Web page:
Various cultures have different approaches to the process of shaving the first hair of a newborn. In most, however, it is deemed a right of passage approached with high regard.

In some cases, it is handled as a family affair with all the members taking part in the snipping process, while in others, it is a religious celebration following strict rules.

Among Muslim communities, babies get their first haircut seven days after birth. This is to cleanse the baby and to show that it is ready to start life as a Muslim. The shaved hair is weighed, and the value is donated to charity, and if the hair weighs nothing worth monetary value, the parents still have to give to charity.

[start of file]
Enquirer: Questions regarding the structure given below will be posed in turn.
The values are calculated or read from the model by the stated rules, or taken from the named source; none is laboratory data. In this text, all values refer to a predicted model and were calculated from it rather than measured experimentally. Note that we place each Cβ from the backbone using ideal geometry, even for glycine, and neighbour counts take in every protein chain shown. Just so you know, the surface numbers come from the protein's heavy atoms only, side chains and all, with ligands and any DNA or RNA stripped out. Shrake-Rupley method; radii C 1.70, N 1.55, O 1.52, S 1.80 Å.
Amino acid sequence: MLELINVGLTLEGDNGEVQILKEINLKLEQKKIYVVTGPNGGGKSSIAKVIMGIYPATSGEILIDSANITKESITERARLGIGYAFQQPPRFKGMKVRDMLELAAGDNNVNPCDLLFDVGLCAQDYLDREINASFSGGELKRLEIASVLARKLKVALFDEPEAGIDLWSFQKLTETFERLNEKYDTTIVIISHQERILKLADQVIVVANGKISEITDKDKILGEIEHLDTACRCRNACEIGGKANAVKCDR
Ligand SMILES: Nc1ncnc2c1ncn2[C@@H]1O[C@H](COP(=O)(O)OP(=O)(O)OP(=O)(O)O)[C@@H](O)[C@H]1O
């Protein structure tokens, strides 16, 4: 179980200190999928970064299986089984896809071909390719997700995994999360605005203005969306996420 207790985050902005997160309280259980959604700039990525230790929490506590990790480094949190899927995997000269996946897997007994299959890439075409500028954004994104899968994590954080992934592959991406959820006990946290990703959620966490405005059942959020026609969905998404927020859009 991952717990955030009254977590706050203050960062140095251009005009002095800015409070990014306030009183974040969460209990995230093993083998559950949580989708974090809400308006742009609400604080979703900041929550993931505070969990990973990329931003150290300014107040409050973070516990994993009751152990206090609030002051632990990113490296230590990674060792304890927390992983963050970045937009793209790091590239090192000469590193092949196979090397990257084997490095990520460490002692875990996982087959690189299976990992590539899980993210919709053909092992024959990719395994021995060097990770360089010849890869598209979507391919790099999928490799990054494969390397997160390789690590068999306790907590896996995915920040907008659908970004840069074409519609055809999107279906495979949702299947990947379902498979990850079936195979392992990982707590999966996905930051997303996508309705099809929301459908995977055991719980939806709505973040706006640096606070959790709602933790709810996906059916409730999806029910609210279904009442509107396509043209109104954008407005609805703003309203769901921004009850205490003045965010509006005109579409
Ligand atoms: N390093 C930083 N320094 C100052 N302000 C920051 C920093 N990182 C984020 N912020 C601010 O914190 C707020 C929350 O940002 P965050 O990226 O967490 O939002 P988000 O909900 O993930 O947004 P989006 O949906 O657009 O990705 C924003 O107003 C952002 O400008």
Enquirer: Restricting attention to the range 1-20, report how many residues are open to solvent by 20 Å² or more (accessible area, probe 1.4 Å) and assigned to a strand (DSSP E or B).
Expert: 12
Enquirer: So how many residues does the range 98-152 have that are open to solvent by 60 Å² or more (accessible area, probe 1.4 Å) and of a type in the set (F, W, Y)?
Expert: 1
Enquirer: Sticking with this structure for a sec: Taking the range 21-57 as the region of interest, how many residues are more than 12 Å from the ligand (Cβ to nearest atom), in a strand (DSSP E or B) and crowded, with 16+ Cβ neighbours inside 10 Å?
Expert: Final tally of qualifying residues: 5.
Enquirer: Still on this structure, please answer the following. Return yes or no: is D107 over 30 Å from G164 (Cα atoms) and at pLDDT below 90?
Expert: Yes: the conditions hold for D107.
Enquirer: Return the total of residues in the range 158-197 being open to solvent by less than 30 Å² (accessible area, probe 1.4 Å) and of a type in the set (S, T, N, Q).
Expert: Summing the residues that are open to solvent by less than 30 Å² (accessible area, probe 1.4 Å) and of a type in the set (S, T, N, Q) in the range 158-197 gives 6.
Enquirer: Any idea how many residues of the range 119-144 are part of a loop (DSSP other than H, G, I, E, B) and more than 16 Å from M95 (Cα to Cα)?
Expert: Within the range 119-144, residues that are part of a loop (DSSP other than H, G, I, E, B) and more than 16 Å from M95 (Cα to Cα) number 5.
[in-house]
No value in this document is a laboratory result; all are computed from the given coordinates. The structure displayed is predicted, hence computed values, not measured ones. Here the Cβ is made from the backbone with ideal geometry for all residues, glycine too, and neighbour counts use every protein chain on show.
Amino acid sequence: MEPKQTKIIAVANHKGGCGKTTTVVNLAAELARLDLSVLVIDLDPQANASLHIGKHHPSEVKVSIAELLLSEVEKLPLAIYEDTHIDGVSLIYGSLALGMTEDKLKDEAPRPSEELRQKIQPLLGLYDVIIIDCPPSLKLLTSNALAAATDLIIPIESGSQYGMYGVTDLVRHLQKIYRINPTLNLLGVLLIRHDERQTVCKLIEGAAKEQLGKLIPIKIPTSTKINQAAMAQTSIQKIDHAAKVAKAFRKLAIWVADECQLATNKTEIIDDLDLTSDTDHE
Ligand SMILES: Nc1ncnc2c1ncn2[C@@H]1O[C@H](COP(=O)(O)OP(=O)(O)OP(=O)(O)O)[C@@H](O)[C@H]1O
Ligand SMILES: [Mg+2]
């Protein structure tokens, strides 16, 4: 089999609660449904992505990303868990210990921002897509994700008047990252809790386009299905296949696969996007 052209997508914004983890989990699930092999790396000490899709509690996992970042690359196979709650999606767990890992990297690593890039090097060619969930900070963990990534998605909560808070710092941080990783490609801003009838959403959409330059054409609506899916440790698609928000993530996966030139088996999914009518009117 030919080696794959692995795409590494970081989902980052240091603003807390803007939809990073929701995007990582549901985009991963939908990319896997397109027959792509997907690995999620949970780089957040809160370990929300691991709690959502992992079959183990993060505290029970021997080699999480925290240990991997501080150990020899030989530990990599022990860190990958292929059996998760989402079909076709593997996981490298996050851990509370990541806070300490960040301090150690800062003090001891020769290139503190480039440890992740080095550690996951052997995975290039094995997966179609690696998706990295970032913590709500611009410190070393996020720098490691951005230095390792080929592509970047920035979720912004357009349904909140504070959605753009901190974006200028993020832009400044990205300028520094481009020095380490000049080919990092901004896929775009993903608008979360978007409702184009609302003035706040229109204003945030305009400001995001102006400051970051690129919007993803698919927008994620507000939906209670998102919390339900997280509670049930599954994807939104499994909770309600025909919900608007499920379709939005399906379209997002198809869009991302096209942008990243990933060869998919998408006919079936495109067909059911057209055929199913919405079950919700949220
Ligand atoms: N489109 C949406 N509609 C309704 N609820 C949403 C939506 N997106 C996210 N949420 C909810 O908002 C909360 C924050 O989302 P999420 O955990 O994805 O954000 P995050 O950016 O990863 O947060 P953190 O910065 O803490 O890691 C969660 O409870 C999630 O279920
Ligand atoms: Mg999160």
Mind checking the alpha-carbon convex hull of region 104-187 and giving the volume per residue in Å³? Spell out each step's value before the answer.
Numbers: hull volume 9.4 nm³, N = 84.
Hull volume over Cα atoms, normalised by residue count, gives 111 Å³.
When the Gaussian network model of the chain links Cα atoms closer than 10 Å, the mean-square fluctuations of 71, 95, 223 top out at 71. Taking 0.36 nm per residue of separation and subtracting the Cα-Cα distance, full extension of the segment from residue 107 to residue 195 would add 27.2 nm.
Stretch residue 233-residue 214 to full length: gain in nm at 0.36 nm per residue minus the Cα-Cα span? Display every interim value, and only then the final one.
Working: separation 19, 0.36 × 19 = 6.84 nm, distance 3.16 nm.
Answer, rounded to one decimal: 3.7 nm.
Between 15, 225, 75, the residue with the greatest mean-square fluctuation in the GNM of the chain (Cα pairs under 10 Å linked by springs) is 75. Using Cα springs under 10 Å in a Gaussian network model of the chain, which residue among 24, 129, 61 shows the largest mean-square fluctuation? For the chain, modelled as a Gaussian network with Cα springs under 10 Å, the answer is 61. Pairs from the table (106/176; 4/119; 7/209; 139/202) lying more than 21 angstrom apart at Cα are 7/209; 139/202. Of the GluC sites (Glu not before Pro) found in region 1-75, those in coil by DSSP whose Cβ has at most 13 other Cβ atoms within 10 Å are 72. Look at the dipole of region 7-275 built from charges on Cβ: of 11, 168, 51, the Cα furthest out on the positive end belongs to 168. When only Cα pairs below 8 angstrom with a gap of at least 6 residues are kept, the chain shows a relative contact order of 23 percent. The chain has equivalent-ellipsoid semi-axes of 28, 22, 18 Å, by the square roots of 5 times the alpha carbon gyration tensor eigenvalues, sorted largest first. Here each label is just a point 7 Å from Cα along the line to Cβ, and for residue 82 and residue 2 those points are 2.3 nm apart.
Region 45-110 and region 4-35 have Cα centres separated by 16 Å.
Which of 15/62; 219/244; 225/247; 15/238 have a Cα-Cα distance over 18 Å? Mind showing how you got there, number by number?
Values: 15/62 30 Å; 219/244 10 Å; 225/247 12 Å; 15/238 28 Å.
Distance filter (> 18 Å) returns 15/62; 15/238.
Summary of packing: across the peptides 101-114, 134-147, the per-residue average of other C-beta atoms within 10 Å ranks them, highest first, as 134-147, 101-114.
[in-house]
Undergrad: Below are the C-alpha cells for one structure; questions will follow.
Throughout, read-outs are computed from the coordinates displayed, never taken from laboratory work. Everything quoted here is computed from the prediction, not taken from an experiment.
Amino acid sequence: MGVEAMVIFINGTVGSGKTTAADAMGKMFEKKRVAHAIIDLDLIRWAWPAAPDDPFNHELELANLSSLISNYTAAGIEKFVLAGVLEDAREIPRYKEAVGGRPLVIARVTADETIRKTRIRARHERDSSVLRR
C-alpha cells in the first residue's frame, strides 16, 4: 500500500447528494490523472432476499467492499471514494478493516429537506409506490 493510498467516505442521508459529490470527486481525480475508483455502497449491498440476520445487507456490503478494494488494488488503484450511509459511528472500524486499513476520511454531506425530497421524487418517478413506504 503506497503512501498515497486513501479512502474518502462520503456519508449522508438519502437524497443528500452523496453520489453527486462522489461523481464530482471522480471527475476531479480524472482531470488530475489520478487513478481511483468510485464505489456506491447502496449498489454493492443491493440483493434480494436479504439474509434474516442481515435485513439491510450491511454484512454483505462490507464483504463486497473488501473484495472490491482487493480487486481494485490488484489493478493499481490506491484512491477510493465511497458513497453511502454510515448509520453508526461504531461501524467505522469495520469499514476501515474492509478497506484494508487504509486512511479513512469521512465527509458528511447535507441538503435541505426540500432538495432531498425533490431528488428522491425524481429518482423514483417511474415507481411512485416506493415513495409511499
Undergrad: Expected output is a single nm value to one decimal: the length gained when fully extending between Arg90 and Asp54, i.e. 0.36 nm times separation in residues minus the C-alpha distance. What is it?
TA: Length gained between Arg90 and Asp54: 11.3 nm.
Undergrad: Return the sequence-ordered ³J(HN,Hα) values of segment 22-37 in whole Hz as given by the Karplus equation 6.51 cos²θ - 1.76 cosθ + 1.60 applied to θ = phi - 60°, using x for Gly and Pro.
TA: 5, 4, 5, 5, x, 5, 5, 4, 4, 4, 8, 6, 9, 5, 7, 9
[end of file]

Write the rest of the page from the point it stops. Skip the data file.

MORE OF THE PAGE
Among the Luhya, the babies were shaved for the first time by their aunties and grandmothers in events that doubled up as naming ceremonies. Women were believed to have a stronger connection with their ancestors compared to men.

Do you practice the baby shaving ceremony as a rite of passage in your culture? How is it done?

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